blob: e4422b4b634e6b7a0053b84f76bb605664eace52 [file] [log] [blame]
* Copied from the kernel sources to tools/:
* Memory barrier definitions. This is based on information published
* in the Processor Abstraction Layer and the System Abstraction Layer
* manual.
* Copyright (C) 1998-2003 Hewlett-Packard Co
* David Mosberger-Tang <>
* Copyright (C) 1999 Asit Mallick <>
* Copyright (C) 1999 Don Dugger <>
#include <linux/compiler.h>
* Macros to force memory ordering. In these descriptions, "previous"
* and "subsequent" refer to program order; "visible" means that all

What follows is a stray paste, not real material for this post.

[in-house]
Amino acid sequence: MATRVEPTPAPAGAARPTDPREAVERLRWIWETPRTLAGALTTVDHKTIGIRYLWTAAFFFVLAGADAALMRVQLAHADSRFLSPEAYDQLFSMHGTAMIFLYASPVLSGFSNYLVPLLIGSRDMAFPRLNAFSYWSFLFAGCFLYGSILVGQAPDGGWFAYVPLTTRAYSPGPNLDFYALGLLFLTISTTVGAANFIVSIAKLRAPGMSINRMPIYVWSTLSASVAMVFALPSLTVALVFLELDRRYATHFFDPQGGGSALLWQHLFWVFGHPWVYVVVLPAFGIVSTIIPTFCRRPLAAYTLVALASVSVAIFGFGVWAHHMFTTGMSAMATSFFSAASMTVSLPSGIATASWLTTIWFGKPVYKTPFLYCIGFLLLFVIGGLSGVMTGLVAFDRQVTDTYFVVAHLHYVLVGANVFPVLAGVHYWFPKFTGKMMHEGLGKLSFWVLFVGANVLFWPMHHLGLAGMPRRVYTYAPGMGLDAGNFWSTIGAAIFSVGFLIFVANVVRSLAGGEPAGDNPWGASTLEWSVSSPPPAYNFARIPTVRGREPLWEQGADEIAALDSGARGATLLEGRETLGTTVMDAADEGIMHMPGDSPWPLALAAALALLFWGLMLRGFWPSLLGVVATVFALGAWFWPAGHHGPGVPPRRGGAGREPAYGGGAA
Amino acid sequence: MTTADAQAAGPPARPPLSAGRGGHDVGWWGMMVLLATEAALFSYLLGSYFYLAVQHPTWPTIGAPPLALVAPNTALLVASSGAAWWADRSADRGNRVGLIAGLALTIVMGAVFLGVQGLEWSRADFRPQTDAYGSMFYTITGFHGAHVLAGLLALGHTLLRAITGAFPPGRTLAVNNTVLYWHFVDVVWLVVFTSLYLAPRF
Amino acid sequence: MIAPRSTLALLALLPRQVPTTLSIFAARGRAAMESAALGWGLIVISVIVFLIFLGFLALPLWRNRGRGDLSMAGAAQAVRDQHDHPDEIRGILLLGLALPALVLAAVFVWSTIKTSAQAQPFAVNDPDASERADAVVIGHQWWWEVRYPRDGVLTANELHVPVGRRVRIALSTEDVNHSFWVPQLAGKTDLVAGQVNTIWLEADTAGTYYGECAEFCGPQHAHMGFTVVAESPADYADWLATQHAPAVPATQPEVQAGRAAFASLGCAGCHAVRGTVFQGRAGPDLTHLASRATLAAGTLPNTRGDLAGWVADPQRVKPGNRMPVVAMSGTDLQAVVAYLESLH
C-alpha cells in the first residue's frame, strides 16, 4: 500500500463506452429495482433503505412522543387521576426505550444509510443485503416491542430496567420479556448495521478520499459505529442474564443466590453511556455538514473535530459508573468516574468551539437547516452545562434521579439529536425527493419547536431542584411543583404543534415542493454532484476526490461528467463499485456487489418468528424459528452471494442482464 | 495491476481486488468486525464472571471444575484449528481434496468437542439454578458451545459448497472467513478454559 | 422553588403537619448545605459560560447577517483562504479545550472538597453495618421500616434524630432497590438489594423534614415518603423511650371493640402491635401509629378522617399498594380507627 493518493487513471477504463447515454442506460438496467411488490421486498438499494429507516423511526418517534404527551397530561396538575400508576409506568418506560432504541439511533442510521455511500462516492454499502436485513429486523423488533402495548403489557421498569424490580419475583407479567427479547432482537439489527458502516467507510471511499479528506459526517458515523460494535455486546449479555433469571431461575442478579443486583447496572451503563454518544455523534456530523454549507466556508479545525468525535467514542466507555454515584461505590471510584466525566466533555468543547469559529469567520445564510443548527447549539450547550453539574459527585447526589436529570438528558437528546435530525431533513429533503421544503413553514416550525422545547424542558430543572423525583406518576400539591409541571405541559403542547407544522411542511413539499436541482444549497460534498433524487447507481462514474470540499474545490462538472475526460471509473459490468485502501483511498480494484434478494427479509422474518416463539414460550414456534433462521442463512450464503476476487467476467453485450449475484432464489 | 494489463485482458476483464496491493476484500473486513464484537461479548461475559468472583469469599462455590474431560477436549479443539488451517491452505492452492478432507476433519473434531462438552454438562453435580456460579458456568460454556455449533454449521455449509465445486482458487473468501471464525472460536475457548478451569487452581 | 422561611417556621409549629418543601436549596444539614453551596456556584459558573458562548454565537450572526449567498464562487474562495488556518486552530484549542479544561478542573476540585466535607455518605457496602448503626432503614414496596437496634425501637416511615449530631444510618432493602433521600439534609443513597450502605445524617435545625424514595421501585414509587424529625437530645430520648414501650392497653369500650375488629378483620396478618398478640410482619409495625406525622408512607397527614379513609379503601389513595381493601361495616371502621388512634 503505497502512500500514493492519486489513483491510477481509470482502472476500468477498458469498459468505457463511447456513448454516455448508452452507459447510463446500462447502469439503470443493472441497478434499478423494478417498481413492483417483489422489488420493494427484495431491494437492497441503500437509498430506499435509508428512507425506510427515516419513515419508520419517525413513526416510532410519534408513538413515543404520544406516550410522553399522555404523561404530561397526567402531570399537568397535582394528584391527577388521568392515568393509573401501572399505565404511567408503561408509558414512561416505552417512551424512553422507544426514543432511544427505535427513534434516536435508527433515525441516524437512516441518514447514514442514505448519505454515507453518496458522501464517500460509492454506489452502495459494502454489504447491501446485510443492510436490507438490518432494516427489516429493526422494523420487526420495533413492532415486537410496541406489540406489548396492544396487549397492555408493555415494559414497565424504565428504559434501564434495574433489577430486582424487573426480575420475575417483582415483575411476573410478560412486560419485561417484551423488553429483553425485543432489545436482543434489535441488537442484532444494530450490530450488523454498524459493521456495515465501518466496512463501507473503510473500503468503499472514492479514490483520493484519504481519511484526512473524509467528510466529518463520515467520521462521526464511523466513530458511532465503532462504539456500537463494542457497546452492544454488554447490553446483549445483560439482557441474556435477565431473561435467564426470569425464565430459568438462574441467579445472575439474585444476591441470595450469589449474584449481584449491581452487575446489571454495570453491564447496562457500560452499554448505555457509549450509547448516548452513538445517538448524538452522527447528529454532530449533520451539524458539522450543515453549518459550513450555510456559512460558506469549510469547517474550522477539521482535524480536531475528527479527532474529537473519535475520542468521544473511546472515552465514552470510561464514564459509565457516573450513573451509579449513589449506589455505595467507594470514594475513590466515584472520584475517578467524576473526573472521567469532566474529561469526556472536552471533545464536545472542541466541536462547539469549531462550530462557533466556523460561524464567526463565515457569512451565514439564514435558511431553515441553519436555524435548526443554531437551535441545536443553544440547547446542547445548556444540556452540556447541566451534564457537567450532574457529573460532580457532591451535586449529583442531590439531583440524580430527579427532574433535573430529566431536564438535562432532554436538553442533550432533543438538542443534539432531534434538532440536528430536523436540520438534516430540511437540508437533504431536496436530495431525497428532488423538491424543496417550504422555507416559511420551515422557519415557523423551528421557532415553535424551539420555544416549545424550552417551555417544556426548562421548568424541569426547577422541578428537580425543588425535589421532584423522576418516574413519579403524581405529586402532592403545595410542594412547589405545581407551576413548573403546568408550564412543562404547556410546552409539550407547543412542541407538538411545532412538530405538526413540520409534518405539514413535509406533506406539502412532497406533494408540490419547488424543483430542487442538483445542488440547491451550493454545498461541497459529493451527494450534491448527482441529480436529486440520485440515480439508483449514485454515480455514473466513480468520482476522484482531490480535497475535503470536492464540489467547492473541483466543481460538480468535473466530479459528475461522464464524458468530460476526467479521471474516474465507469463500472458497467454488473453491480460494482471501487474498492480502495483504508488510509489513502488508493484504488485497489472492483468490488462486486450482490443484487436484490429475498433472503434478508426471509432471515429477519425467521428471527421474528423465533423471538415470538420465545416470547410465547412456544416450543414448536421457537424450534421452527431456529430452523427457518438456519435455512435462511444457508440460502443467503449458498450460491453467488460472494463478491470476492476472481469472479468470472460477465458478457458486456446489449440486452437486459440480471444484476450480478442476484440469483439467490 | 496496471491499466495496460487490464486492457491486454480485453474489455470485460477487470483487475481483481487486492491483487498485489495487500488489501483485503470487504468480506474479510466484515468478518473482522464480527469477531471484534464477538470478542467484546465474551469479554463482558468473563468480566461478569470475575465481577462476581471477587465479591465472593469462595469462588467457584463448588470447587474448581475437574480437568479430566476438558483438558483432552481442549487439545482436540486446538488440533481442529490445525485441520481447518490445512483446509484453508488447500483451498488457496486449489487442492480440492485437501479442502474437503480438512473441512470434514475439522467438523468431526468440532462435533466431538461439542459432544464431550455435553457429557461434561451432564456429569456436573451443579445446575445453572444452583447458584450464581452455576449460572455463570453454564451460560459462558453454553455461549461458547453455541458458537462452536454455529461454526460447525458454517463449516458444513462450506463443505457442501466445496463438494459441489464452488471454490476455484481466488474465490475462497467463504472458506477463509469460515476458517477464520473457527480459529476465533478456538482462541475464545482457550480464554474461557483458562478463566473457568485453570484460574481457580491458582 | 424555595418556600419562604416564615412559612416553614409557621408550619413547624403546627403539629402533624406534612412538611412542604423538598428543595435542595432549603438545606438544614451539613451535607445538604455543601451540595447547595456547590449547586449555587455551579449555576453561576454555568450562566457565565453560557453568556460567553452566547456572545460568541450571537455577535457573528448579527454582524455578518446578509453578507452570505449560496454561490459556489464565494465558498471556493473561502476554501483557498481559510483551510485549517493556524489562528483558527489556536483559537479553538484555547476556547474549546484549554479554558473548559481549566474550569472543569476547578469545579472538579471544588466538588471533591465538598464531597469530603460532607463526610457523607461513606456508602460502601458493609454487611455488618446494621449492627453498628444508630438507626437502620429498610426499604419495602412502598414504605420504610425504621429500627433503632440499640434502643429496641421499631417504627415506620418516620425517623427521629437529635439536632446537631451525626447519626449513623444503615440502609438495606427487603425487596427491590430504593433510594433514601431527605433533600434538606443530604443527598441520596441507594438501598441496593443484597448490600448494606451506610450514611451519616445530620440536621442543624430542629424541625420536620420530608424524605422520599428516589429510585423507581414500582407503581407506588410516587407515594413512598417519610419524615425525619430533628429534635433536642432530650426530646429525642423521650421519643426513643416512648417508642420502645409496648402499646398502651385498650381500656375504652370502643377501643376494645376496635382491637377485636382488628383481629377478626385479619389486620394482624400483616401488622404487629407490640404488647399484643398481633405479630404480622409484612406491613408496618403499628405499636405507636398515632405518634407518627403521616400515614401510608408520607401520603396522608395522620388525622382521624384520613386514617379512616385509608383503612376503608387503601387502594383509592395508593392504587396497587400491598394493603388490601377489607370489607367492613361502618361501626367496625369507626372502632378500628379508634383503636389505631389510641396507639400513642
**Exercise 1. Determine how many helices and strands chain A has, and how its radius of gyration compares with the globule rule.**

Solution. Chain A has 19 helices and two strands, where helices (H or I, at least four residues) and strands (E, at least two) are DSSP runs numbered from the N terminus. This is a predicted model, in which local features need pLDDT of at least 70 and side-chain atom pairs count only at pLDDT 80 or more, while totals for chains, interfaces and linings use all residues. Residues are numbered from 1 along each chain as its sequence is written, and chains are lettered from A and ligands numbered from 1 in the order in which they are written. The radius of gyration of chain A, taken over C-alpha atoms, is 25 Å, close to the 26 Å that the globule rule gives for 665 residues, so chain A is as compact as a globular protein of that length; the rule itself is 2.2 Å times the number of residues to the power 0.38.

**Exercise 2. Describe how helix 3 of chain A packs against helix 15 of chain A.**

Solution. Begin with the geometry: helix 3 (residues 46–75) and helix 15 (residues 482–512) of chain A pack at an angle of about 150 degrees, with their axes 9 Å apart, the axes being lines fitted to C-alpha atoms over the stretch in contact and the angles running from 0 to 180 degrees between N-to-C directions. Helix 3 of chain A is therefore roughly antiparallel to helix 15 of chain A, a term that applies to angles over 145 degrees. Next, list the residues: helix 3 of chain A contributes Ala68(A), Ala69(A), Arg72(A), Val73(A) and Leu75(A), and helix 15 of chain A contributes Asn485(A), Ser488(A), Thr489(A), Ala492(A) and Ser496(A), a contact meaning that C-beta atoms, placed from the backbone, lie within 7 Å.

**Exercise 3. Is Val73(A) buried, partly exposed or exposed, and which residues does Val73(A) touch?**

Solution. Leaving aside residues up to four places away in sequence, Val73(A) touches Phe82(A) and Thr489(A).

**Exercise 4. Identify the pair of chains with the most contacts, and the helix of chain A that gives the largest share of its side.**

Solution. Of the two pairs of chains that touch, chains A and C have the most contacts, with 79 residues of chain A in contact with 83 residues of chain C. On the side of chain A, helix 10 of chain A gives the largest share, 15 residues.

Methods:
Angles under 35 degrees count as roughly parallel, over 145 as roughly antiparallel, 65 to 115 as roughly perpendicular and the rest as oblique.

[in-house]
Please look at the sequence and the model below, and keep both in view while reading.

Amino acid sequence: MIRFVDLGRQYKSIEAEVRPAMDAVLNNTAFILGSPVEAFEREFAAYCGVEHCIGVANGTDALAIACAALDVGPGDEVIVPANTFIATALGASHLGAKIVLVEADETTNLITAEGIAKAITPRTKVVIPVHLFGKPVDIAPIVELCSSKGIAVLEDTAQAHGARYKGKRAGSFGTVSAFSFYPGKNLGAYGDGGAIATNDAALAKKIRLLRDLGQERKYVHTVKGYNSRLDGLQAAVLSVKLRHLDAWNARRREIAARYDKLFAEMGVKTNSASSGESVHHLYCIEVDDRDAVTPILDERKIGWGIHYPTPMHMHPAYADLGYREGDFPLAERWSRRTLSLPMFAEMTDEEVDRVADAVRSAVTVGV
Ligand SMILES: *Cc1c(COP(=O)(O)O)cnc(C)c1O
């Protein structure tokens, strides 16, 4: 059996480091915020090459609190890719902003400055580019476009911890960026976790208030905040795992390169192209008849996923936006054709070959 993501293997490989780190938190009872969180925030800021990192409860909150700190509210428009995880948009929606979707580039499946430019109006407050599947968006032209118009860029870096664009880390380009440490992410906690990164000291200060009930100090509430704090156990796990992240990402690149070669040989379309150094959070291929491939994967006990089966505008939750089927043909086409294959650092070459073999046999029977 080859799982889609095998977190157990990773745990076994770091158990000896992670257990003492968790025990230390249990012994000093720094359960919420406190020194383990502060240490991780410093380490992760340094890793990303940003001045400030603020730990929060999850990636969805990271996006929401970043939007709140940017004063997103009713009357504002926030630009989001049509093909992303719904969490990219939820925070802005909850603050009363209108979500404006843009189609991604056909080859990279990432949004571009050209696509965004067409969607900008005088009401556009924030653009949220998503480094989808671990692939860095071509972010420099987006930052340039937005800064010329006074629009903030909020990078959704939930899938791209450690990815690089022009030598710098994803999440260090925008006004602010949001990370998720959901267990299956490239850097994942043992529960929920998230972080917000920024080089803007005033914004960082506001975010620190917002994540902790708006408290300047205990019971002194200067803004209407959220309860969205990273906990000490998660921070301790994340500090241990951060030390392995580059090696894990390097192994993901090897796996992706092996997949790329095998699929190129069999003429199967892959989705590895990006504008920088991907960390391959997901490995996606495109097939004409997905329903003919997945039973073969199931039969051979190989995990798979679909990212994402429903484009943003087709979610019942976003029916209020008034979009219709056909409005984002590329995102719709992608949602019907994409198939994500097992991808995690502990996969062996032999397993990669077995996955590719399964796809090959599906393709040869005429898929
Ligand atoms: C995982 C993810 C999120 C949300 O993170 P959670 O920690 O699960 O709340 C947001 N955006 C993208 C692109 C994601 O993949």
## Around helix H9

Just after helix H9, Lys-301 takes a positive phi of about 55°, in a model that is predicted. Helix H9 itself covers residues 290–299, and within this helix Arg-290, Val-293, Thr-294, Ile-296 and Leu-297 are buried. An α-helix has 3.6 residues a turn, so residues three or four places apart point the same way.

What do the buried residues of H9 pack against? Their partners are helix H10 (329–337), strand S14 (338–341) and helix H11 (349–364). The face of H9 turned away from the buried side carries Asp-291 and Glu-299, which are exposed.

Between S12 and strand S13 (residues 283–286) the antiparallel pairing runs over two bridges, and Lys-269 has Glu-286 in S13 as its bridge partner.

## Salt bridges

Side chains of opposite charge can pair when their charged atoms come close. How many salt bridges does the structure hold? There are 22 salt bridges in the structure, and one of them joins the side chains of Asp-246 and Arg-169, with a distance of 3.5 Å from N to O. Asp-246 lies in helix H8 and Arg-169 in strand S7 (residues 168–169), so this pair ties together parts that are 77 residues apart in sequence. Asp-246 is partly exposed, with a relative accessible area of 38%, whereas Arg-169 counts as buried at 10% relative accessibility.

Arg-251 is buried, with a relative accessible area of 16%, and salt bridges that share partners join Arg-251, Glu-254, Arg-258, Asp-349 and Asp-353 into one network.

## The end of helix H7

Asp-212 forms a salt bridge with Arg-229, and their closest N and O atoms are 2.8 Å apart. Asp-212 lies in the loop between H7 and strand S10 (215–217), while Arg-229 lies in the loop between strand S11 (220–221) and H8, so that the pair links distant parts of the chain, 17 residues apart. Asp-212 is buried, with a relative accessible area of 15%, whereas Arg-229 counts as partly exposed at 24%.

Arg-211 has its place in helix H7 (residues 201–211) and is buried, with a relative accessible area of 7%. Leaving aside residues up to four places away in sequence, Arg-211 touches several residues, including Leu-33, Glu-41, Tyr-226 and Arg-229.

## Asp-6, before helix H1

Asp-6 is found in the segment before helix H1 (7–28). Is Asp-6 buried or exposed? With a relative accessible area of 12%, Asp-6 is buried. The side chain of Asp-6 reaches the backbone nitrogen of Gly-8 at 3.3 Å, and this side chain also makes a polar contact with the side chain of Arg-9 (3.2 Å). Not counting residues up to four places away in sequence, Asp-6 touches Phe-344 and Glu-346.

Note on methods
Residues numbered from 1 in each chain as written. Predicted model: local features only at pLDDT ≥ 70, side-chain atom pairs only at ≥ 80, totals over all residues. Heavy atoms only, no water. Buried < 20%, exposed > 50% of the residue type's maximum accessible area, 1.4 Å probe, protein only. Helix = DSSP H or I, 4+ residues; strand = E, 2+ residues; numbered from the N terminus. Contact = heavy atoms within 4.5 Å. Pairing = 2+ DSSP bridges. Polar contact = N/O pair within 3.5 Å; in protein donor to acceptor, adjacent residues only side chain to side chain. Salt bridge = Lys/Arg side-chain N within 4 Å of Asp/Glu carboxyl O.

* architecturally visible effects of a memory access have occurred
* (at a minimum, this means the memory has been read or written).
* wmb(): Guarantees that all preceding stores to memory-
* like regions are visible before any subsequent
* stores and that all following stores will be
* visible only after all previous stores.
* rmb(): Like wmb(), but for reads.
* mb(): wmb()/rmb() combo, i.e., all previous memory
* accesses are visible before all subsequent
* accesses and vice versa. This is also known as
* a "fence."
* Note: "mb()" and its variants cannot be used as a fence to order
* accesses to memory mapped I/O registers. For that, mf.a needs to
* be used. However, we don't want to always use mf.a because (a)
* it's (presumably) much slower than mf and (b) mf.a is supported for
* sequential memory pages only.
/* XXX From arch/ia64/include/uapi/asm/gcc_intrin.h */
#define ia64_mf() asm volatile ("mf" ::: "memory")
#define mb() ia64_mf()
#define rmb() mb()
#define wmb() mb()